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So in my database, I have two tables which have a many to one relationship. I am trying to update the 'parent' table by looking at all the rows on the 'child' table (sorry if I'm not using the correct terminology here) and applying different sets of rules to the data to determine the values to update with. But I want to do this efficiently (which is to say, quickly).

So, assume the following tables.

PARENT(
    ID                                 NUMBER,
    NAME                               VARCHAR(20),
    NUMBER_OF_CHILDREN                 NUMBER,
    AVERAGE_CHILD_AGE                  NUMBER,
    OLDEST_CHILD_AGE                   NUMBER,
    YOUNGEST_CHILD_AGE                 NUMBER,
    MODE_EYE_COLOR                     VARCHAR(20),
    EVERY_CHILD_MADE_A                 VARCHAR(1),
    BLOODTYPES_THAT_CAN_BE_ACCEPTED    VARCHAR(100),
    SOMETHING_COMPLEX                  COMPLEX_OBJECT_1
)

CHILD(
    ID                   NUMBER,
    PARENT_ID            NUMBER,
    AGE                  NUMBER,
    EYE_COLOR            VARCHAR(20),
    MADE_AN_A            VARCHAR(1),
    BLOODTYPE            VARCHAR(5),
    COMPLEXITY           COMPLEX_OBJECT_2
)

I've used simplified examples, the actual rules that need to be applied are a decent bit more complicated that min/max/average. Now, these are the two ways I'm thinking this can be done. The first is to just have the procedure pass the parent ID on to functions (I use separate functions so later going back and maintaining this code is easier) and each one selects the children and then processes them. The second way is to open a cursor that selects the children and then pass the cursor into each function.

PROCEDURE UPDATE_PARENT_1 (PARENT_ID IN NUMBER)
BEGIN
    UPDATE PARENT
    SET
        NUMBER_OF_CHILDREN                = CHILD_COUNT_FUNCTION(PARENT_ID),
        AVERAGE_CHILD_AGE                 = CHILD_AGE_AVERAGE_FUNCTION(PARENT_ID),
        OLDER_CHILD_AGE                   = PICK_OLDEST_AGE_FUNCTION(PARENT_ID),
        YOUNGEST_CHILD_AGE                = PICK_YOUNGEST_AGE_FUNCTION(PARENT_ID),
        MODE_EYE_COLOR                    = MOST_OFTEN_EYE_COLOR_FUNCTION(PARENT_ID),
        BLOODTYPES_THAT_CAN_BE_ACCEPTED   = DETERMINE_BLOOD_DONOR_TYPES(PARENT_ID),
        SOMETHING_COMPLEX                 = COMPLEX_FUNCTION(PARENT_ID)
    WHERE
        ID = PARENT_ID;
END;


PROCEDURE UPDATE_PARENT_2 (PARENT_ID IN NUMBER)
    CURSOR C IS SELECT * FROM CHILD WHERE CHILD.PARENT_ID = PARENT_ID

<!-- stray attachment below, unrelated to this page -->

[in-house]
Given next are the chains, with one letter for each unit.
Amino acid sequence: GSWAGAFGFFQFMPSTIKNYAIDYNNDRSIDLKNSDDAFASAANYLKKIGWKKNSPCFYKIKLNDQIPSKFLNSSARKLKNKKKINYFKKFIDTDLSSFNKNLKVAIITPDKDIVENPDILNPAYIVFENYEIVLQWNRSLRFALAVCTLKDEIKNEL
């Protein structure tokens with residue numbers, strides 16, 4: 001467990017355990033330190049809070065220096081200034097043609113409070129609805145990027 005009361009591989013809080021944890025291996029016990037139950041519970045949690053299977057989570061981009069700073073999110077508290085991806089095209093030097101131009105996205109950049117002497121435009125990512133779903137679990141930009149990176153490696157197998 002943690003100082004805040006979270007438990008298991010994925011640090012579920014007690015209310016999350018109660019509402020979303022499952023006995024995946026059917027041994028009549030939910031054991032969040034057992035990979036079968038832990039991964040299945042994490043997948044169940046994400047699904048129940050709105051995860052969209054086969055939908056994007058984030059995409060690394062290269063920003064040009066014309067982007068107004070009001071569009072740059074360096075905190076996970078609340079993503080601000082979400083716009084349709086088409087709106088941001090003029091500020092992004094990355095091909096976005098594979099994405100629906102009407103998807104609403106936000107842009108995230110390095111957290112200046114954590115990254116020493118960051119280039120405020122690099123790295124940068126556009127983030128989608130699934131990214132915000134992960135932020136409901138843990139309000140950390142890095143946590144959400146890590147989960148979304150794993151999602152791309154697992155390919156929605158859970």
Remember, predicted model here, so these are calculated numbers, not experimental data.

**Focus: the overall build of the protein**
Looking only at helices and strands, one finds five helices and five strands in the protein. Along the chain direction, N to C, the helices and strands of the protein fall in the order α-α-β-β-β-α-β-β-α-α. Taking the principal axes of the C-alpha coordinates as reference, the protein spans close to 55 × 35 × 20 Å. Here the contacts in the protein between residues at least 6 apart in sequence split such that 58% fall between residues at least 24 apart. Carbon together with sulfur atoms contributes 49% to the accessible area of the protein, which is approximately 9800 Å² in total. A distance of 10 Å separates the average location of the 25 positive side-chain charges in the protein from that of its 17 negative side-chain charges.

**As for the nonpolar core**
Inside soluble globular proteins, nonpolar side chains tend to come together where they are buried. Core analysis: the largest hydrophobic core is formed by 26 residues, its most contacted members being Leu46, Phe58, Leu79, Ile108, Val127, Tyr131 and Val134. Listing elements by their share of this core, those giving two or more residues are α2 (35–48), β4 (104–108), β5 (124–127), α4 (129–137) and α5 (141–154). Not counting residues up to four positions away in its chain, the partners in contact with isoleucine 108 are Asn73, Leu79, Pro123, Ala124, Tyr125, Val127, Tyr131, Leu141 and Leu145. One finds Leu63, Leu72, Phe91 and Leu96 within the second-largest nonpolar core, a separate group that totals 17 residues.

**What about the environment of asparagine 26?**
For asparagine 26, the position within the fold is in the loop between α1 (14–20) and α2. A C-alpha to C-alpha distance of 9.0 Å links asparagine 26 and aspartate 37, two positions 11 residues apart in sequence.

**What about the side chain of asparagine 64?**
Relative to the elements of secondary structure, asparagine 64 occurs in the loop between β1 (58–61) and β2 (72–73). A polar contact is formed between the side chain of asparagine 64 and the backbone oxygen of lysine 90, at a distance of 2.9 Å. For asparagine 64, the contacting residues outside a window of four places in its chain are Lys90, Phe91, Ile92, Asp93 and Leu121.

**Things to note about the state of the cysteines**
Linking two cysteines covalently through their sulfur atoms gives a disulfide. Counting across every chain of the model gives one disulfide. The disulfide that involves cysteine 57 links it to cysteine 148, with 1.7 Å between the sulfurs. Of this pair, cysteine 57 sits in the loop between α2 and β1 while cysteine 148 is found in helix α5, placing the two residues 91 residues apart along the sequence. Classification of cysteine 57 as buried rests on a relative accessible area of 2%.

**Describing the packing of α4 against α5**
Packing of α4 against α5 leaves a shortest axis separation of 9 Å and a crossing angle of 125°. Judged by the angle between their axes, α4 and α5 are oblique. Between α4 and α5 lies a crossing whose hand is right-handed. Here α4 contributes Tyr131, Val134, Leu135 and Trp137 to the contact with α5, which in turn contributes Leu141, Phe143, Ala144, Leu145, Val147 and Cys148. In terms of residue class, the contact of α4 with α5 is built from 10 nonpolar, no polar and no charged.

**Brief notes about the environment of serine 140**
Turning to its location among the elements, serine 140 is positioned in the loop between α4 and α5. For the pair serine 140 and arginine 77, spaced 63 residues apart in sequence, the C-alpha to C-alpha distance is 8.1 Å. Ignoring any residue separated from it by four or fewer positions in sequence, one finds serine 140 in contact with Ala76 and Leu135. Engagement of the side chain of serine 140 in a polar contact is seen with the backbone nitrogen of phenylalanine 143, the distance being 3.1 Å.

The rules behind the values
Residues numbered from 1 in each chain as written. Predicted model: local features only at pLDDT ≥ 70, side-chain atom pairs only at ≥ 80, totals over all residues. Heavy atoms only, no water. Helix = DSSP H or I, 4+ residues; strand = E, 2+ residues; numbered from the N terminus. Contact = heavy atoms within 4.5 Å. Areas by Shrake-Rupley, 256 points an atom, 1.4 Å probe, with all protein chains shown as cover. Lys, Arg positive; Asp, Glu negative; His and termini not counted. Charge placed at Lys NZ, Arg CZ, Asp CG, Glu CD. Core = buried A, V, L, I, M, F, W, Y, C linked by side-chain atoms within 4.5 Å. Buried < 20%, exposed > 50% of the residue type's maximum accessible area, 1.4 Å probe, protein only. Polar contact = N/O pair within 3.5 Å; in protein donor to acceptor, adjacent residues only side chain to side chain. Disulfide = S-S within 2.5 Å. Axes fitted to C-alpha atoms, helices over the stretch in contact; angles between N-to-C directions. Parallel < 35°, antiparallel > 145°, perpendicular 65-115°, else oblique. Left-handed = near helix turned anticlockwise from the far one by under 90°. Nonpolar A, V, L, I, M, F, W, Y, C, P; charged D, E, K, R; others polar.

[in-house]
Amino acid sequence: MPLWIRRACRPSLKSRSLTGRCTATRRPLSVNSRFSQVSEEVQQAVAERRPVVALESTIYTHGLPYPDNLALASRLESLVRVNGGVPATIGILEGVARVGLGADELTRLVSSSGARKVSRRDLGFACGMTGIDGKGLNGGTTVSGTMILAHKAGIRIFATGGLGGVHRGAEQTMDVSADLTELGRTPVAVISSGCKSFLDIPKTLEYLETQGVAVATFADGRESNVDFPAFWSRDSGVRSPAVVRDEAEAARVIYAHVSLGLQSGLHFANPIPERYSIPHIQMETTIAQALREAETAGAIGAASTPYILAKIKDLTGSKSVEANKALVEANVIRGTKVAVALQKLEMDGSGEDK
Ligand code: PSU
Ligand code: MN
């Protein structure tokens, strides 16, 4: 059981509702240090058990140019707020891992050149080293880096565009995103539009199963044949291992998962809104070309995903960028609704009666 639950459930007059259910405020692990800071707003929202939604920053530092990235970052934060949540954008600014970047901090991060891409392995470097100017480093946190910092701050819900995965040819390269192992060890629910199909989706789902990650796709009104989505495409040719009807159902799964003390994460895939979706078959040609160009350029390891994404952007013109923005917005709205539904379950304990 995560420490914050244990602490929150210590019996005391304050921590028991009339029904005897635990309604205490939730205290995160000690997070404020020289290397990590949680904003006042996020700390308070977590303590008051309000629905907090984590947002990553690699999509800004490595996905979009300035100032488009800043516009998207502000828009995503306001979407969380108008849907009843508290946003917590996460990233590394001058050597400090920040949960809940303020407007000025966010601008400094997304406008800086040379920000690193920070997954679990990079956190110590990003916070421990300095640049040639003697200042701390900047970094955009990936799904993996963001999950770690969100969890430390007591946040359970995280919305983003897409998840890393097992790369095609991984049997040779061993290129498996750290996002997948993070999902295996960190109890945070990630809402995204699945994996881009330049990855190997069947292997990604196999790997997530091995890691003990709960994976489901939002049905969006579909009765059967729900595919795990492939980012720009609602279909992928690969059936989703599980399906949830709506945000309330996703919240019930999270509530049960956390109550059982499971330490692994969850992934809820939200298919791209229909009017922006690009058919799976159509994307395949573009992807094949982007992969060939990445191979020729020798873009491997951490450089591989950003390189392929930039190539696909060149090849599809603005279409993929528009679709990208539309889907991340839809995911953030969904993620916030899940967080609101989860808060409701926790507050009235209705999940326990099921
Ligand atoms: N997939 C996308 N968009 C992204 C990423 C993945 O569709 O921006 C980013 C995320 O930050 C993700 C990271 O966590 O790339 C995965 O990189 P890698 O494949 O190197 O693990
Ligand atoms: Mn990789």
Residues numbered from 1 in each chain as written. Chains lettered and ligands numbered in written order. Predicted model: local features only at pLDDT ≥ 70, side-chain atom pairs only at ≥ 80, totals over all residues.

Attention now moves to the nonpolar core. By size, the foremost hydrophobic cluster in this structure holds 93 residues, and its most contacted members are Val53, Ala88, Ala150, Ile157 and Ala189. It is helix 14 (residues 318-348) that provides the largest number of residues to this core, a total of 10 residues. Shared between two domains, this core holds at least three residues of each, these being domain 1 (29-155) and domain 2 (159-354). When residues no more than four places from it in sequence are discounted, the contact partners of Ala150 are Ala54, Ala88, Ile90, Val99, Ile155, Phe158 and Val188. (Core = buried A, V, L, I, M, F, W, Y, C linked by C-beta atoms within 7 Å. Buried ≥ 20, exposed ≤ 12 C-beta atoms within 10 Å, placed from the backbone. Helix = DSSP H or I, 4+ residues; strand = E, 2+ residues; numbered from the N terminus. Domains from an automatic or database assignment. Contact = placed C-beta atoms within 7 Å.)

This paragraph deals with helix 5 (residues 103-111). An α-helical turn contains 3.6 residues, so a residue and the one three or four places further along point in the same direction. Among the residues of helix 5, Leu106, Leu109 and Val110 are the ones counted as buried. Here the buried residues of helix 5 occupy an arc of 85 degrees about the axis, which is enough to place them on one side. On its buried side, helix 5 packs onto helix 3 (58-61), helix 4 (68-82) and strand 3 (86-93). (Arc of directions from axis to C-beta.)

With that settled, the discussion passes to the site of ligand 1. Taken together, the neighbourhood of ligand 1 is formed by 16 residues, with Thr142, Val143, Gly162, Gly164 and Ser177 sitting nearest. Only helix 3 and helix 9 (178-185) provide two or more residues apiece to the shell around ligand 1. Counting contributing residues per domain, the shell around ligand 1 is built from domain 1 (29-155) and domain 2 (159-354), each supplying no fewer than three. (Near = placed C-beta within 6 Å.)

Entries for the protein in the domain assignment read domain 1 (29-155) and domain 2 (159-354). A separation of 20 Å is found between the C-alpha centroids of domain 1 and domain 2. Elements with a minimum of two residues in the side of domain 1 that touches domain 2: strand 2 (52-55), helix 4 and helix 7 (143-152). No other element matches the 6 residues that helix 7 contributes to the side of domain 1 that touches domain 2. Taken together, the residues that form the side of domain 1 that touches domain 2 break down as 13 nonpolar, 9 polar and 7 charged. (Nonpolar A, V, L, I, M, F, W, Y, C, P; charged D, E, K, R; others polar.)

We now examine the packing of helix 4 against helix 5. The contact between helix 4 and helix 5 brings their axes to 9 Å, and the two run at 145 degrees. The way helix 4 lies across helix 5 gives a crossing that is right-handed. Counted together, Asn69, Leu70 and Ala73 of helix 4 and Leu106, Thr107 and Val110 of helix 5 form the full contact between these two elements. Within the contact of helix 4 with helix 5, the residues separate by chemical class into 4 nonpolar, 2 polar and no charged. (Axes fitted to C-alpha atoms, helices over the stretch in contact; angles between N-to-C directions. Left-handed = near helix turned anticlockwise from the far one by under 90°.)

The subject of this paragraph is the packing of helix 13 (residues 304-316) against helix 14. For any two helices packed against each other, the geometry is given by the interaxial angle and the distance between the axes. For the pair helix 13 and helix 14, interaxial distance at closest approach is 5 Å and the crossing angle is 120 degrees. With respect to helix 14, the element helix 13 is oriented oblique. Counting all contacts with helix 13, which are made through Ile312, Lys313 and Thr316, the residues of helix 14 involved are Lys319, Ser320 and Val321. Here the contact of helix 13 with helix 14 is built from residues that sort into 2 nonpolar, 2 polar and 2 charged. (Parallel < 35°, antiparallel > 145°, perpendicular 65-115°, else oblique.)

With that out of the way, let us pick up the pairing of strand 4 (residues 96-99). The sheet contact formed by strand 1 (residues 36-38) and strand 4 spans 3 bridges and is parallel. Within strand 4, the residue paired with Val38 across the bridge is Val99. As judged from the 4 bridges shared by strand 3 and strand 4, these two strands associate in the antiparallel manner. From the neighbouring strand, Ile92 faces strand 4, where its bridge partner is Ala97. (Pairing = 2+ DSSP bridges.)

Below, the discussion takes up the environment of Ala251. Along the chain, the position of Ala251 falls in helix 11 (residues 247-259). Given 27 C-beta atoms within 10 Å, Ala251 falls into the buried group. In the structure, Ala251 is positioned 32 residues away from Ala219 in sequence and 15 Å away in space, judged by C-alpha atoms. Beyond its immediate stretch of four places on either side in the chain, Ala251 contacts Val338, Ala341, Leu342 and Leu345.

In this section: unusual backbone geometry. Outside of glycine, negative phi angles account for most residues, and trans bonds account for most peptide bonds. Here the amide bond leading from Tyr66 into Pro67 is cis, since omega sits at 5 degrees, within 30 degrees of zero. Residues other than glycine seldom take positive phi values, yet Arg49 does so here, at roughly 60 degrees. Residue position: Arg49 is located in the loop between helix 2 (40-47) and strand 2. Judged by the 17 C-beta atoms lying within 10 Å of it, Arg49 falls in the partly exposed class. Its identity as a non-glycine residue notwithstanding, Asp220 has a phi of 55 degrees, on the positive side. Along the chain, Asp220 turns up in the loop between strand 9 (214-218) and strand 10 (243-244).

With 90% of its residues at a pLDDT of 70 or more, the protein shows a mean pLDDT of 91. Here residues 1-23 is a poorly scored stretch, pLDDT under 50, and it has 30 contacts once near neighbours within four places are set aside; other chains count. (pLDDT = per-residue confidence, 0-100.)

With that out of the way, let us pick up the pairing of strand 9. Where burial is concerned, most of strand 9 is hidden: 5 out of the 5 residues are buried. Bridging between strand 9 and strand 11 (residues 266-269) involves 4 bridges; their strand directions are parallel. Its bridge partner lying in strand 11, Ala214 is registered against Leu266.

BEGIN
    OPEN C;

    UPDATE PARENT
    SET
        NUMBER_OF_CHILDREN                = CHILD_COUNT_FUNCTION(C),
        AVERAGE_CHILD_AGE                 = CHILD_AGE_AVERAGE_FUNCTION(C),
        OLDER_CHILD_AGE                   = PICK_OLDEST_AGE_FUNCTION(C),
        YOUNGEST_CHILD_AGE                = PICK_YOUNGEST_AGE_FUNCTION(C),
        MODE_EYE_COLOR                    = MOST_OFTEN_EYE_COLOR_FUNCTION(C)
        BLOODTYPES_THAT_CAN_BE_ACCEPTED   = DETERMINE_BLOOD_DONOR_TYPES(C),
        SOMETHING_COMPLEX                 = COMPLEX_FUNCTION(C)
    WHERE
        ID = PARENT_ID;

    CLOSE C;
END;

With either way, I feel like things I'm doing extra work. The first way feels the worse, because it appears I'm doing far too many select statements (1 for each rule I have to apply, and there are many). The second way I only need to go back to the front of the cursor instead of doing another select, but it still feels as if there should be a more efficient way. At the same time, oracle has great behind the scenes optimization, so either way may be being optimized to the best way to do it behind the scenes.

So my question is what is the quickest way to do this sort of update, or can I not worry about optimizing it and oracle will take care of it for me?

EDIT: Made the example a bit more complex.

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3 Answers 3

up vote 1 down vote accepted

You can use various STATS_* functions in addition to the more standard MIN(), MAX() etc. If these still aren't enough you can create user defined aggregate functions. (sample SQL taken from another answer)

UPDATE Parent
SET (Number_Of_Children, Average_Child_Age, Oldest_Child_Age,
     Youngest_Child_Age, MODE_EYE_COLOR, BLOODTYPES_THAT_CAN_BE_ACCEPTED,
     SOMETHING_COMPLEX ) = 
(
  SELECT COUNT(*), AVG(Age), MAX(Age), MIN(Age), STATS_MODE(EYE_COLOR),
    ListBloodTypes(BLOODTYPE), ComplexCombine(SOMETHING_COMPLEX)
  FROM Child
  WHERE Parent.ID = Child.Parent_ID
)

Your user defined aggregate functions ListBloodTypes and ComplexCombine would then need to be defined with: Using User-Defined Aggregate Functions as a guide.

share|improve this answer
    
So would creating one's own aggregate function reduce/eliminate any overhead resulting from context switching? –  Lawtonfogle May 20 '13 at 16:16
    
From what I've read, it appears that user defined aggregate functions are likely the best source. It also appears to avoid context switching problems as long as you don't do SQL in the functions themselves, but I've still haven't found a definite answer. –  Lawtonfogle May 21 '13 at 13:44
    
As long as you don't make calls that cause a context switch in your code. For complex statistical functions it can be beneficial to make those calls however. An example would to pass the calculations to the open source statistical environment R. –  Brian May 21 '13 at 15:11